Eye On Physical Therapy
People were angry today. I don't know whether this is due to the hot weather here in Rockaway, gas prices, the economy or a combination of everything, but people are mad. I happened to mention to some patients that I was going to sit and write my column for The Wave and had no clue about what I was going to write. Did I mention that I had less than 18 hours to complete it?
Some people started calling out ideas: one lady said I should talk about the difference between living "uptown" and "downtown" in Rockaway. As an "outsider" I am not really sure what she meant by that, but I told her my column, in some way, had to relate to physical therapy.
The next woman said I should write about trying to avoid surgery for various ailments, and to avoid surgery at all costs. This idea held some promise. Then she went on to state, "A lot of surgeries are done for the benefit of the surgeon and his bottom line and not the patient." WOW! I thought, this lady is angry! And cynical! To my surprise, some other patients that happened to be listening joined in on the chorus and agreed with her. I really was kind of shocked.
Although I am sure there are some surgeons out there who are too quick with the scalpel, I am reluctant to believe that they are the norm. In addition, to paint all surgeons with that brush is unfair and quite frankly just not true. I have been in practice for over 12 years and have had stories related to me by patients, too many to count or remember, who WANTED surgery but the surgeon thought there would be no benefit or relief for the patient or that the patient was medically at risk.
The truth is that whether one is a surgeon, physical therapist, nurse or any member of the health care team, we do the best that we can with the individual circumstances presented to us. You can ask a master carpenter to build you kitchen cabinets and then supply him with plywood and duct tape. I don't care how great he is, those cabinets are not going to make you happy. A knee that has been destroyed by arthritis or a rotator cuff tear that was torn many years ago will exhibit certain physical challenges to getting the relief for which you are looking. If the surgery did not return you to playing tennis or riding your bike, or you're still in pain, you cannot assume the surgeon jumped in to do the surgery for profit and not for you.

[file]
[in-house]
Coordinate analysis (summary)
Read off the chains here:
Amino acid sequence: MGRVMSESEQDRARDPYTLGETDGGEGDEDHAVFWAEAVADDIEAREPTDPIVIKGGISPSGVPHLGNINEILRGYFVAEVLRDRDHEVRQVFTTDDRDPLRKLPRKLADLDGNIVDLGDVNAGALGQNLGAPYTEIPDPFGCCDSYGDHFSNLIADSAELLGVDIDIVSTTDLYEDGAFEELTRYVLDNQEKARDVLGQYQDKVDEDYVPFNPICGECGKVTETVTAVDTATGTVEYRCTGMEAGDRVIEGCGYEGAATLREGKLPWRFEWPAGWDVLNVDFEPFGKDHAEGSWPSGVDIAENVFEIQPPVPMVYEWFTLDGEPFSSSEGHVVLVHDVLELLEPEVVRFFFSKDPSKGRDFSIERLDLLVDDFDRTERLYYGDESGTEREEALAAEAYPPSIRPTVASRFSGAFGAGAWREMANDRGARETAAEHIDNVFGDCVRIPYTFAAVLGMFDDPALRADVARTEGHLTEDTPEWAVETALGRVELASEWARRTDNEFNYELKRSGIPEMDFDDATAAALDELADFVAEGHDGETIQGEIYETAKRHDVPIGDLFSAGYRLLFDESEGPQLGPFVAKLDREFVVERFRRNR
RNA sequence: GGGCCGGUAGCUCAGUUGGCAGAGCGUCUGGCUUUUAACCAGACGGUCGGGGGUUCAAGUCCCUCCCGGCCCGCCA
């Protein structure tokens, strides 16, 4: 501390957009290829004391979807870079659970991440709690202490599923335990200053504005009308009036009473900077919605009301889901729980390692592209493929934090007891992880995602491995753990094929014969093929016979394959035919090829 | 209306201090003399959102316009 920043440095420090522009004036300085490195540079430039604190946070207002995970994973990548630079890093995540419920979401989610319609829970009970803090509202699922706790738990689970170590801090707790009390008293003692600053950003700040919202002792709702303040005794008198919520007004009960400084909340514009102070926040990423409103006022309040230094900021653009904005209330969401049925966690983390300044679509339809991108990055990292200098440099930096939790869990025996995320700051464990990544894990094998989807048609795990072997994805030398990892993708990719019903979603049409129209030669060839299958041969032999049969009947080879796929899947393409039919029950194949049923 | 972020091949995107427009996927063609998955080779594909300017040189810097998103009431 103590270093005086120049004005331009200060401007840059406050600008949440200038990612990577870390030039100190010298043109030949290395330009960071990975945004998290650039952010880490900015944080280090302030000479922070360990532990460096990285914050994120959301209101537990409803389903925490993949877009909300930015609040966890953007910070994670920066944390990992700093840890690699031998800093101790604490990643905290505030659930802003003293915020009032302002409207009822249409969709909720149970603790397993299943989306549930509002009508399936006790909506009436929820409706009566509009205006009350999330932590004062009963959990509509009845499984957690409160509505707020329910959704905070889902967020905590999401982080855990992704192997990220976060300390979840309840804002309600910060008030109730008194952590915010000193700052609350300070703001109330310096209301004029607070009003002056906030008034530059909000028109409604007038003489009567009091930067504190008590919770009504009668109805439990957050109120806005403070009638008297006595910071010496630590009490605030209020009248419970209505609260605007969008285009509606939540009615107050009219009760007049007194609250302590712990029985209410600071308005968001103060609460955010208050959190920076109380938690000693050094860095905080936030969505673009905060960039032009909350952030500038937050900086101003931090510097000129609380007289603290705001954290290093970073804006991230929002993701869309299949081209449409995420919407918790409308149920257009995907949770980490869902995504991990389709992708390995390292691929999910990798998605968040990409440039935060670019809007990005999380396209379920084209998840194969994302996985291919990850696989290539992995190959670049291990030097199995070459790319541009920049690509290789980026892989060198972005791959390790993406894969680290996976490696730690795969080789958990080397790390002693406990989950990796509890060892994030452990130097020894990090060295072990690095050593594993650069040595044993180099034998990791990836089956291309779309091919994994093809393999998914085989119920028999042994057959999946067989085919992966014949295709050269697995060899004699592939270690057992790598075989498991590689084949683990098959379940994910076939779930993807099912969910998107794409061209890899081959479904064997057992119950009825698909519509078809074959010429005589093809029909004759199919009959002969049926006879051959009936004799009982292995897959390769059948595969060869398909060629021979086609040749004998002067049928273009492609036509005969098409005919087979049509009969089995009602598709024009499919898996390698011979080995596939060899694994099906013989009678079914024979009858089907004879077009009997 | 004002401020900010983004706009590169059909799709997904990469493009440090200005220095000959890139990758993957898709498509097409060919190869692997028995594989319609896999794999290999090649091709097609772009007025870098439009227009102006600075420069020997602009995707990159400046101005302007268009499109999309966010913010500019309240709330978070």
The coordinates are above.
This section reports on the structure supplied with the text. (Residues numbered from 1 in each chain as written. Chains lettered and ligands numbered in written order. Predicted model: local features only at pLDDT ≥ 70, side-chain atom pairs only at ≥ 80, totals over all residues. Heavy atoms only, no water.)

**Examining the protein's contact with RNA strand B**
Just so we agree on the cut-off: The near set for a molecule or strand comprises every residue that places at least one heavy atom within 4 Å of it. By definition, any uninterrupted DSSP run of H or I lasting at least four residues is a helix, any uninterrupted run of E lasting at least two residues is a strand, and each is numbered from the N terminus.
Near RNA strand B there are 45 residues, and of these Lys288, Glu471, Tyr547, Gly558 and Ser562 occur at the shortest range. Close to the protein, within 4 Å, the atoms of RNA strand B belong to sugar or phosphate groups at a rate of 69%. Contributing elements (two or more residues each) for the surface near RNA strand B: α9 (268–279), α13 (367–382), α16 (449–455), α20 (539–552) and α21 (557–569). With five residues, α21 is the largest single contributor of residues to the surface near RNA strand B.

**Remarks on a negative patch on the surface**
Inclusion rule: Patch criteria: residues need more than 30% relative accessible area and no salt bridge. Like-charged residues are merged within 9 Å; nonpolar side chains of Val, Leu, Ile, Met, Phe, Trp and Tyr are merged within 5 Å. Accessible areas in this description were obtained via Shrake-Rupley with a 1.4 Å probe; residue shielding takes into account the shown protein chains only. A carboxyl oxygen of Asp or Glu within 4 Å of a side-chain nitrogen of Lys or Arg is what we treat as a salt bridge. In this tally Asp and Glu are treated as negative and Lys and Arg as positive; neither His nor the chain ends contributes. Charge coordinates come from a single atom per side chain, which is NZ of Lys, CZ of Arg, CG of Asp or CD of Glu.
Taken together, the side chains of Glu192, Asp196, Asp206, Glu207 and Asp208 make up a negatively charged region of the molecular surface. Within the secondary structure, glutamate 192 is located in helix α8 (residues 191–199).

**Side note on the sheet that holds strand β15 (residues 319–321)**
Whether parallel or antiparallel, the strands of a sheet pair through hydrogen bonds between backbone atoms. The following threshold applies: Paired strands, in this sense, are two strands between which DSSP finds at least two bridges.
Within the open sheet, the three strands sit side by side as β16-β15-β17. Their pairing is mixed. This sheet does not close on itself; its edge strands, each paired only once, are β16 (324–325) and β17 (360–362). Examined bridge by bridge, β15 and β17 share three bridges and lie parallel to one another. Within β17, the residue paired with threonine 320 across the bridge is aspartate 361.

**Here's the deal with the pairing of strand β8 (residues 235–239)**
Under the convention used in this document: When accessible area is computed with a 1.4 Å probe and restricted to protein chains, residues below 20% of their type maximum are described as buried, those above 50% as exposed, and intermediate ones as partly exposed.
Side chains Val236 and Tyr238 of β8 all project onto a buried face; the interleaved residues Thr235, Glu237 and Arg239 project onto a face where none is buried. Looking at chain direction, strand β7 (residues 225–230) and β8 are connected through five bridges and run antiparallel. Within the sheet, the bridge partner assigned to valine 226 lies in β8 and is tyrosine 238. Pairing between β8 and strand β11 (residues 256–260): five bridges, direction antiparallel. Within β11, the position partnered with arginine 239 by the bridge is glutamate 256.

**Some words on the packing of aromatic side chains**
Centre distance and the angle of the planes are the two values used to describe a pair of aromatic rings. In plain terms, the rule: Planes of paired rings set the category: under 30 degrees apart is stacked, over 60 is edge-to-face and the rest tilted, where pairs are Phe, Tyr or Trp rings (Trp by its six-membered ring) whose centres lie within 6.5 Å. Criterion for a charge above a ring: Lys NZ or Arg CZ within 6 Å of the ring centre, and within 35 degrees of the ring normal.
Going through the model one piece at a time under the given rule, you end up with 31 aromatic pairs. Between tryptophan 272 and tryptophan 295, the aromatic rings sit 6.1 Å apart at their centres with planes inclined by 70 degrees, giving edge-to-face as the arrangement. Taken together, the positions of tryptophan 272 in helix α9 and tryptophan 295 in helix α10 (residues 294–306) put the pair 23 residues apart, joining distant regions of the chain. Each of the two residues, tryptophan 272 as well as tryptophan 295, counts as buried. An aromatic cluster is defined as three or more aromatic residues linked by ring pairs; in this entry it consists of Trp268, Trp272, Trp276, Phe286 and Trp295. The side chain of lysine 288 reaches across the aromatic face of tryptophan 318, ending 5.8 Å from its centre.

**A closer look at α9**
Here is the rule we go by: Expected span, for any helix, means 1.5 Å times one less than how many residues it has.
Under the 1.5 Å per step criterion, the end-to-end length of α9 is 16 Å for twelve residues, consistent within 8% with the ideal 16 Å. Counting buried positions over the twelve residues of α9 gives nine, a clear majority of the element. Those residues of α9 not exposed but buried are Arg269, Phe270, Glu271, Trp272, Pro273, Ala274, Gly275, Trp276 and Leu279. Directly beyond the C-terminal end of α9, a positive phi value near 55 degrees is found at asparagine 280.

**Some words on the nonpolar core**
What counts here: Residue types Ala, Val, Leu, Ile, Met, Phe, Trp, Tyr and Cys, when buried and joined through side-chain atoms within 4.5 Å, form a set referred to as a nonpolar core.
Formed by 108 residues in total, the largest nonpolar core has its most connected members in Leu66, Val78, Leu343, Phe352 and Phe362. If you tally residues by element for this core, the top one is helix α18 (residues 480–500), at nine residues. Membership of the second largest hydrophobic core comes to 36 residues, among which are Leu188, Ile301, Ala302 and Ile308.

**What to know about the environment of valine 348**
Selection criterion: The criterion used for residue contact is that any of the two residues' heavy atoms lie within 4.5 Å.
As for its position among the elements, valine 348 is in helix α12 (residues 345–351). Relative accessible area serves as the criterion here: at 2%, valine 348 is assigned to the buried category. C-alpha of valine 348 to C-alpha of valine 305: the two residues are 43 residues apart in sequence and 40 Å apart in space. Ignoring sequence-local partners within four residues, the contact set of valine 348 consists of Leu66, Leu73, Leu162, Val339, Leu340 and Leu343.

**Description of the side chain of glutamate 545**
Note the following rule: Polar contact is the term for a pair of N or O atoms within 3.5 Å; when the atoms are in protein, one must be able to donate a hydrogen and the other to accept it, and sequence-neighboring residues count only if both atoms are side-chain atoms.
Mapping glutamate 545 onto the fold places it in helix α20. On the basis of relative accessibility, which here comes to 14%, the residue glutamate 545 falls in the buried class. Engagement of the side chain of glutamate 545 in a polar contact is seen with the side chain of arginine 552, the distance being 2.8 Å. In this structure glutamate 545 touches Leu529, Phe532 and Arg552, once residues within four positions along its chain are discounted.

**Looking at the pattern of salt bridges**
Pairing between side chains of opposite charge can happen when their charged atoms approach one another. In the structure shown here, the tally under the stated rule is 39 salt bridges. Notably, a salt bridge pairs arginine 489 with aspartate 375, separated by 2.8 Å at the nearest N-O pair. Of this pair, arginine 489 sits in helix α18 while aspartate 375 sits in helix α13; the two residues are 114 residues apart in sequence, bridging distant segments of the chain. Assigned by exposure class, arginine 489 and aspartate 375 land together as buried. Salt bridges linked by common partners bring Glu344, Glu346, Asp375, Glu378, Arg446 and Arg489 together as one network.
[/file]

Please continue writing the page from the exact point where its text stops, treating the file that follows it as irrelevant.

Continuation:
The same holds true for physical therapy. I would like to believe that every patient that walks through my door will get better; but I am not naive. There are some conditions that, whether due to the patient's age, length of time with the condition or the severity of the problem, will limit how much success we are going to have. I am honest with them and tell them we will due our best and then present them with the reasons why I feel that success may elude us. Some, never come back, discouraged by my "negativity"; others press on and give it their best shot. If they are willing to work hard to try to make it happen, so am I. At times, I have been pleasantly surprised that my prognosis was incorrect, happy that they got some relief.
You just can't make great cabinets out of plywood and duct tape, but sometimes you get lucky.